Sunday Matinee: American Graffiti

American graffitiSince I was a kid every year, without fail, my father always takes my brother and I to the Regina Majestics Car Show. So in honour of the Majestics this weekend today’s Sunday Matinee is George Lucas’ 1973 car cruising classic.

American Graffiti is about one last cruise night for a group of graduated high schoolers in the year 1962. The film follows multiple storylines as the night progresses. Drag races, searching for the perfect girl, trying to decide what to do with one’s life are just some of the many stories ┬áthat the movie tells. The cast featured Richard Dreyfuss, Ron Howard, Paul Le Mat, Harrison Ford, Charles Martin Smith, Cindy Williams, Candy Clark, Mackenzie Phillips and Wolfman Jack.

It was Lucas’ second movie and he had a bitch of time convincing studios to let him make the film. At this point in his career Lucas had only made THX 1138 which wasn’t a hit. Eventually George Lucas’ buddy Francis Ford Coppola stepped in and produced the film. They even had to fight to get the original rock n’ roll music into the film. The studio just wanted to use a cover band, it was cheaper that way. The movie was a huge hit and eventually paved the path for Lucas to make Star Wars and go mad with power.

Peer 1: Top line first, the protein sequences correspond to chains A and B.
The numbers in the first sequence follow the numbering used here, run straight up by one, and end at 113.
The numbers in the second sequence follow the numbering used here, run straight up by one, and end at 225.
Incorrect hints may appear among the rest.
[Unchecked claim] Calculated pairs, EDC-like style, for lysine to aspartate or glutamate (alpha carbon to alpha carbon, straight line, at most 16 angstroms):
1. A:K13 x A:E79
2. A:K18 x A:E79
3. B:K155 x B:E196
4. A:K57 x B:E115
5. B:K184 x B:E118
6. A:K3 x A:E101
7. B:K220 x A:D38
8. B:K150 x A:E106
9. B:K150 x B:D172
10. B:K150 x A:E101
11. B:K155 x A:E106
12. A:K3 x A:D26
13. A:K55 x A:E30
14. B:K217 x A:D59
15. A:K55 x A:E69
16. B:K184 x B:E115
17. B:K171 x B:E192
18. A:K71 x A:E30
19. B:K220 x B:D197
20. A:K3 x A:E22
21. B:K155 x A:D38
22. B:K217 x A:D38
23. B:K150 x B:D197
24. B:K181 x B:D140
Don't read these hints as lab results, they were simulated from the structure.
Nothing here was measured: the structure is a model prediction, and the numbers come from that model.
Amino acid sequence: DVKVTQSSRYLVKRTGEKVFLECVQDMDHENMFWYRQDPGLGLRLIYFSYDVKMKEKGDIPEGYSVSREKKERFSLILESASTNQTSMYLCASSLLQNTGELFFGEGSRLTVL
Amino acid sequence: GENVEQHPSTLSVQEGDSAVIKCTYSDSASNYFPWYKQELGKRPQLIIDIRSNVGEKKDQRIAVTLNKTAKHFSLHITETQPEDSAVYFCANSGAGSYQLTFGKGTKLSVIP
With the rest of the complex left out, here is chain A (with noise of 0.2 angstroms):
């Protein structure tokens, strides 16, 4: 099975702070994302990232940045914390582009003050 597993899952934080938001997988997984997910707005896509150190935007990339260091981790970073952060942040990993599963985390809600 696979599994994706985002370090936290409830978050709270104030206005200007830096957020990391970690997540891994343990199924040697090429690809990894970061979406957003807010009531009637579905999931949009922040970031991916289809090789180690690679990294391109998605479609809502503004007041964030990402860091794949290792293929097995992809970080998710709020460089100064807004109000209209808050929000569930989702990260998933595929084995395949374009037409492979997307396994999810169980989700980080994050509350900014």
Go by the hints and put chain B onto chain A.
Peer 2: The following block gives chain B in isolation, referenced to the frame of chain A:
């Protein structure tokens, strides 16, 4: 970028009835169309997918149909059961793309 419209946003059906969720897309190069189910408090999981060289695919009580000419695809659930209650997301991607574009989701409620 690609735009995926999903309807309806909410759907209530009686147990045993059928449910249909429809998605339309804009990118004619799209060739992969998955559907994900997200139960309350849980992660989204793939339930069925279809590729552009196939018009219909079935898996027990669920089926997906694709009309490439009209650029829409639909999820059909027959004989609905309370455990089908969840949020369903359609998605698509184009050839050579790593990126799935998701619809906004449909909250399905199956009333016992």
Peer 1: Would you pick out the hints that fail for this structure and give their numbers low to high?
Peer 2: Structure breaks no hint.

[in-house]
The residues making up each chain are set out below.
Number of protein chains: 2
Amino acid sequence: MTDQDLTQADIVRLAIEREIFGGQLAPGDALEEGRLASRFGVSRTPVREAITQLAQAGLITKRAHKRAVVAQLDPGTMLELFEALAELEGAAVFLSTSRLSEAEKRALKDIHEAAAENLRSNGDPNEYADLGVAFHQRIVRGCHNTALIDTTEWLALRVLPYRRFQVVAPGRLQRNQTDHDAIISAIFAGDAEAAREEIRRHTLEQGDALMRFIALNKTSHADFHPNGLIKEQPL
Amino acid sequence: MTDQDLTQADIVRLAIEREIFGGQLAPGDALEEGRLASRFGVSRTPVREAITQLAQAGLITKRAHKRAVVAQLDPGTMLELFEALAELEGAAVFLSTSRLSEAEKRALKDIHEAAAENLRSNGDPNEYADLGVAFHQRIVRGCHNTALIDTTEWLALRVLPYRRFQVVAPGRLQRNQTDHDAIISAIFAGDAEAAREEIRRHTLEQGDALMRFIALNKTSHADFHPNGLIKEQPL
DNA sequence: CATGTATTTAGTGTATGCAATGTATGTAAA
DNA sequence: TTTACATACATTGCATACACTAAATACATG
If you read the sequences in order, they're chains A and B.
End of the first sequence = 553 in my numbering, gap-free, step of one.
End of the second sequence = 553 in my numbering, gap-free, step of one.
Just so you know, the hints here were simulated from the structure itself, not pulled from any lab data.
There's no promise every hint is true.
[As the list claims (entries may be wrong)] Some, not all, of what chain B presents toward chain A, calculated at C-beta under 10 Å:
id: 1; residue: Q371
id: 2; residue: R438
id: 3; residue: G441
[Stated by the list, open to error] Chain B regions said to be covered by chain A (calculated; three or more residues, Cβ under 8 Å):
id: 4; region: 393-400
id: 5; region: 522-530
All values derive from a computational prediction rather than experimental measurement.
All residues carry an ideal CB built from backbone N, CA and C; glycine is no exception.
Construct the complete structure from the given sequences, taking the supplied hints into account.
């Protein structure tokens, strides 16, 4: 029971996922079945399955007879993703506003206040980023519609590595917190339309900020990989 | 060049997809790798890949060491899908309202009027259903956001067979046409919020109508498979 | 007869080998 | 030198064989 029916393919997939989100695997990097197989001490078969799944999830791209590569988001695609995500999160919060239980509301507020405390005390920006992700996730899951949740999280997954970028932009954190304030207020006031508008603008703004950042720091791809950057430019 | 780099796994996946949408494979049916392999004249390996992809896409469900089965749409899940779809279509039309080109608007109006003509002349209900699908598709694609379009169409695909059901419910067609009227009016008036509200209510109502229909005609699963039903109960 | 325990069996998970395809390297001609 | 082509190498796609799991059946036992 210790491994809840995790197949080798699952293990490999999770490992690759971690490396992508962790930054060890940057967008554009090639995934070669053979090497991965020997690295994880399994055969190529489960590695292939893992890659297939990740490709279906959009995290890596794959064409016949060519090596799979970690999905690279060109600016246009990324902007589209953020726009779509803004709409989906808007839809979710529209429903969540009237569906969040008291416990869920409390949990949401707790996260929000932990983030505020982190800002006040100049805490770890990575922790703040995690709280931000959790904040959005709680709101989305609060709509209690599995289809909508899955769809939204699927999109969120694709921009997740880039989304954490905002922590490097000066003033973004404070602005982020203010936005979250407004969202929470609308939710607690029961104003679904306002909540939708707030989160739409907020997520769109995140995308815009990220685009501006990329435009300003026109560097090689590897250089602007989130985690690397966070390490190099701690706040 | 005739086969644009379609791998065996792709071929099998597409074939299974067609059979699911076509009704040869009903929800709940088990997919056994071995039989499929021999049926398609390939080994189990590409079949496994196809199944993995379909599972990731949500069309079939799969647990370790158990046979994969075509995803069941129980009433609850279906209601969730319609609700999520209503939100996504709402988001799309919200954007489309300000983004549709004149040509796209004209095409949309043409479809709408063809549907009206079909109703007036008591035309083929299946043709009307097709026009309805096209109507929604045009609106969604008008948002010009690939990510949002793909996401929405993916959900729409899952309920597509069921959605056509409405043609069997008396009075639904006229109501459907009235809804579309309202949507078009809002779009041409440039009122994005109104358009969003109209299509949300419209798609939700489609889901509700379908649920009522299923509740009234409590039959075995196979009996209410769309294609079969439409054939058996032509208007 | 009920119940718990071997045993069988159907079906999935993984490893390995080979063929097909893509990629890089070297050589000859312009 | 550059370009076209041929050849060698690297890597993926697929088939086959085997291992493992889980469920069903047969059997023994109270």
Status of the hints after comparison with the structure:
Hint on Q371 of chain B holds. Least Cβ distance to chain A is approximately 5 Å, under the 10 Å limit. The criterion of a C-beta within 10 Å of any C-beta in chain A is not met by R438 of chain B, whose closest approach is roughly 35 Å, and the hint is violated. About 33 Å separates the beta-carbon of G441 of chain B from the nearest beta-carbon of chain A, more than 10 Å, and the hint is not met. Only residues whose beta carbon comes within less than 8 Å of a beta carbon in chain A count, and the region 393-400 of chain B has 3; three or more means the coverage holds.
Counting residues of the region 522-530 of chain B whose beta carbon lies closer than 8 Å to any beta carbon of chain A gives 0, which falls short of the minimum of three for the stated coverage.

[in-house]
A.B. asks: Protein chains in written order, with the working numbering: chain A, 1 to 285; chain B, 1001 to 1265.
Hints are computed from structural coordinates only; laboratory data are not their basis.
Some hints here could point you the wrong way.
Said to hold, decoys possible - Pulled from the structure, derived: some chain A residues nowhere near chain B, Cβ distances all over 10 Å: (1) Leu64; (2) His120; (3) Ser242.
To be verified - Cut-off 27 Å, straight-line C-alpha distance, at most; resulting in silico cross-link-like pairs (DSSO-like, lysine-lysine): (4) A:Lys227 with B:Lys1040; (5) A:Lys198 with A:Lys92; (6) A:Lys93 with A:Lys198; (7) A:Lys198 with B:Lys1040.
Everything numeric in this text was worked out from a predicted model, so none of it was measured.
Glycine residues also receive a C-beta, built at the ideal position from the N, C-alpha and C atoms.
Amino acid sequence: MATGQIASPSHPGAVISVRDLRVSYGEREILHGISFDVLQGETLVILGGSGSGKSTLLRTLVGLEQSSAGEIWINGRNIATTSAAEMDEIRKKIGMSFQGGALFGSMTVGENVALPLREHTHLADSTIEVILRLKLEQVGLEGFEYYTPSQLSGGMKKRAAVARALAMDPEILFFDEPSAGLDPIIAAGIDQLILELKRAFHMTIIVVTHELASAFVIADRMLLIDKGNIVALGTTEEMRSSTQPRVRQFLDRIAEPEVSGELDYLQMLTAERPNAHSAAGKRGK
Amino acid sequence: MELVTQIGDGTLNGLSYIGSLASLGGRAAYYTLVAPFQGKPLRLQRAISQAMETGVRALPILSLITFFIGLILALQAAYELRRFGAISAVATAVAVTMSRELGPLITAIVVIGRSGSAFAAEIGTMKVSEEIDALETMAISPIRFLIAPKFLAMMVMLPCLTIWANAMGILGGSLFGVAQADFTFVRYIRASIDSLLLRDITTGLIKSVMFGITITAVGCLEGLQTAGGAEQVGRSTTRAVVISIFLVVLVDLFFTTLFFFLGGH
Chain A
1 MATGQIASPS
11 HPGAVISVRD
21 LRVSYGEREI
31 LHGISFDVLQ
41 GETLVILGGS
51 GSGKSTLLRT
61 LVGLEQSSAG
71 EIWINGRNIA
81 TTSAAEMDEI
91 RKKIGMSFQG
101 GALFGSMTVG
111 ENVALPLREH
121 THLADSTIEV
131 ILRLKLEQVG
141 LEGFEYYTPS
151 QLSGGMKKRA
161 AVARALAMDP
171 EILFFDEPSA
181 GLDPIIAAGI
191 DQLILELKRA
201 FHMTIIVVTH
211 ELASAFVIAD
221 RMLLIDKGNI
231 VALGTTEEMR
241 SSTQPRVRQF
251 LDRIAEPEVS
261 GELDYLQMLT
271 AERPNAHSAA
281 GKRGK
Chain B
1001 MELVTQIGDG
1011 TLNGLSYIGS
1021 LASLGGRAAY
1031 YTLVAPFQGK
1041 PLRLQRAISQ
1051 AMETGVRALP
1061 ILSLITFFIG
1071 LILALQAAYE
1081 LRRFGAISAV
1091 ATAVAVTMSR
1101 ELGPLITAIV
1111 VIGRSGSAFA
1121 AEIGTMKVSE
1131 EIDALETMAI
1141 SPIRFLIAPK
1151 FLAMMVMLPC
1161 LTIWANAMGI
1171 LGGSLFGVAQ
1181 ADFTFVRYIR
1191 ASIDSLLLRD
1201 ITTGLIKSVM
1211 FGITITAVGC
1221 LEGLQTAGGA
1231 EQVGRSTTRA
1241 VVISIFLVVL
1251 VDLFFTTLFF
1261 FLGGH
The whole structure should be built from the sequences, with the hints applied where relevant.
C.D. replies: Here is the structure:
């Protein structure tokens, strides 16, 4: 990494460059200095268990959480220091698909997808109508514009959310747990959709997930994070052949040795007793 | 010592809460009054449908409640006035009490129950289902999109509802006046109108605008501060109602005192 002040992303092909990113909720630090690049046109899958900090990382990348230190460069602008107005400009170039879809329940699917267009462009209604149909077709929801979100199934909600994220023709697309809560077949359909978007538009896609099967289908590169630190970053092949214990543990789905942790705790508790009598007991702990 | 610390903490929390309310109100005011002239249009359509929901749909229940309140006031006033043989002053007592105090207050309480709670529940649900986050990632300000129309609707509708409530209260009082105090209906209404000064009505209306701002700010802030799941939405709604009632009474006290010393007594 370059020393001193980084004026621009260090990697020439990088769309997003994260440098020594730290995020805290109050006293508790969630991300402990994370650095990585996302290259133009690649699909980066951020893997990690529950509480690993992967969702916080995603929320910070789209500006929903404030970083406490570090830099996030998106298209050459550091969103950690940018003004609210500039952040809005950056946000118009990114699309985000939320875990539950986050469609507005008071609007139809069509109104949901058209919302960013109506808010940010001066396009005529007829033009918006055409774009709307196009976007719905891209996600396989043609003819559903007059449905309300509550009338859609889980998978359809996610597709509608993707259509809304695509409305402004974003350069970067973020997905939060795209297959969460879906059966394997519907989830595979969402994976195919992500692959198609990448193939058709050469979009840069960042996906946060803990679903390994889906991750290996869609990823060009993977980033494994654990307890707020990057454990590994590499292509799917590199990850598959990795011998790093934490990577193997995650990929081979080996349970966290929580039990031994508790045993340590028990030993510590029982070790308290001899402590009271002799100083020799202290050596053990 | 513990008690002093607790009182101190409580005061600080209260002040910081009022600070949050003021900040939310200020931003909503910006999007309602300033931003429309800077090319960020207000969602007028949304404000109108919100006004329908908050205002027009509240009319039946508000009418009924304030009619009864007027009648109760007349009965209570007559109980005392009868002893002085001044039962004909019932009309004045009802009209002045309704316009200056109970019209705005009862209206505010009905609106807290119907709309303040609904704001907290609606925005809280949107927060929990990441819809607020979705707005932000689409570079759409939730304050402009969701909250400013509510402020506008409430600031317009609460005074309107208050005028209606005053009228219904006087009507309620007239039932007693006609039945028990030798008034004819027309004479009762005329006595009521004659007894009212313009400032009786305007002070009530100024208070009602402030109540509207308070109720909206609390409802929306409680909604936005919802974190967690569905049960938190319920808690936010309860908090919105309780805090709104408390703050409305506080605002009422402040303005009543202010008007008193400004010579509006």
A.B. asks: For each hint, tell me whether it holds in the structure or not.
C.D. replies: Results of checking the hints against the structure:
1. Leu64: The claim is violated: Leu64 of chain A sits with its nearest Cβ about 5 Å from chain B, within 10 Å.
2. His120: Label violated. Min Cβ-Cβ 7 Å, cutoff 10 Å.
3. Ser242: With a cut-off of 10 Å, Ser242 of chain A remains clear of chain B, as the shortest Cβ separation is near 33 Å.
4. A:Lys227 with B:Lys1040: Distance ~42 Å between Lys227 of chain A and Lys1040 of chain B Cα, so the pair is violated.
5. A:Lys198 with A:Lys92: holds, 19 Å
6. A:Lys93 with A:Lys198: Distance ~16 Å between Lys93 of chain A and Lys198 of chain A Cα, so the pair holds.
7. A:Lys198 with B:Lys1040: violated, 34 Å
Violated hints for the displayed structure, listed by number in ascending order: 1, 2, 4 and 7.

The film introduced Harrison Ford to Lucas who cast him in Star Wars and launched his career. Ron Howard even worked with Lucas again but as a director, making the mediocre fantasy film Willow. But in the early 1970’s there was a brief period of time when George Lucas could tell a simple human story without a ton of special effects.


Author: Shane Hnetka

Shane Hnetka spends most of his life watching movies and reading comic books, using his vast knowledge of genre culture for evil instead of good.

5 thoughts on “Sunday Matinee: American Graffiti”

  1. Yeeah baby. I discovered this movie just at the right time in the early ’90s. I think I Blockbuster’d it 30 times that April-to-July. Then came Clerks, which I saw at the RPL, as well as Bottle Rocket, and Noah Baumbach’s Kicking & Screaming. All super timely as I was roughly the same age as the characters, maybe 5 years less for Clerks and BR. Anyway, it was great to have these slice of life movies to relate to at that time since music wasn’t doing it anymore. I feel bad for kids these days.

  2. Curt Henderson is the hero of this flick, while Steve Bolander is the tragic loser.

  3. If you nod off and wake up groggy you just might confuse Graffiti’s ending with Dreyfus’s Curt Henderson being stabbed in the neck and dying while breaking up a fight in a fast food line-up.

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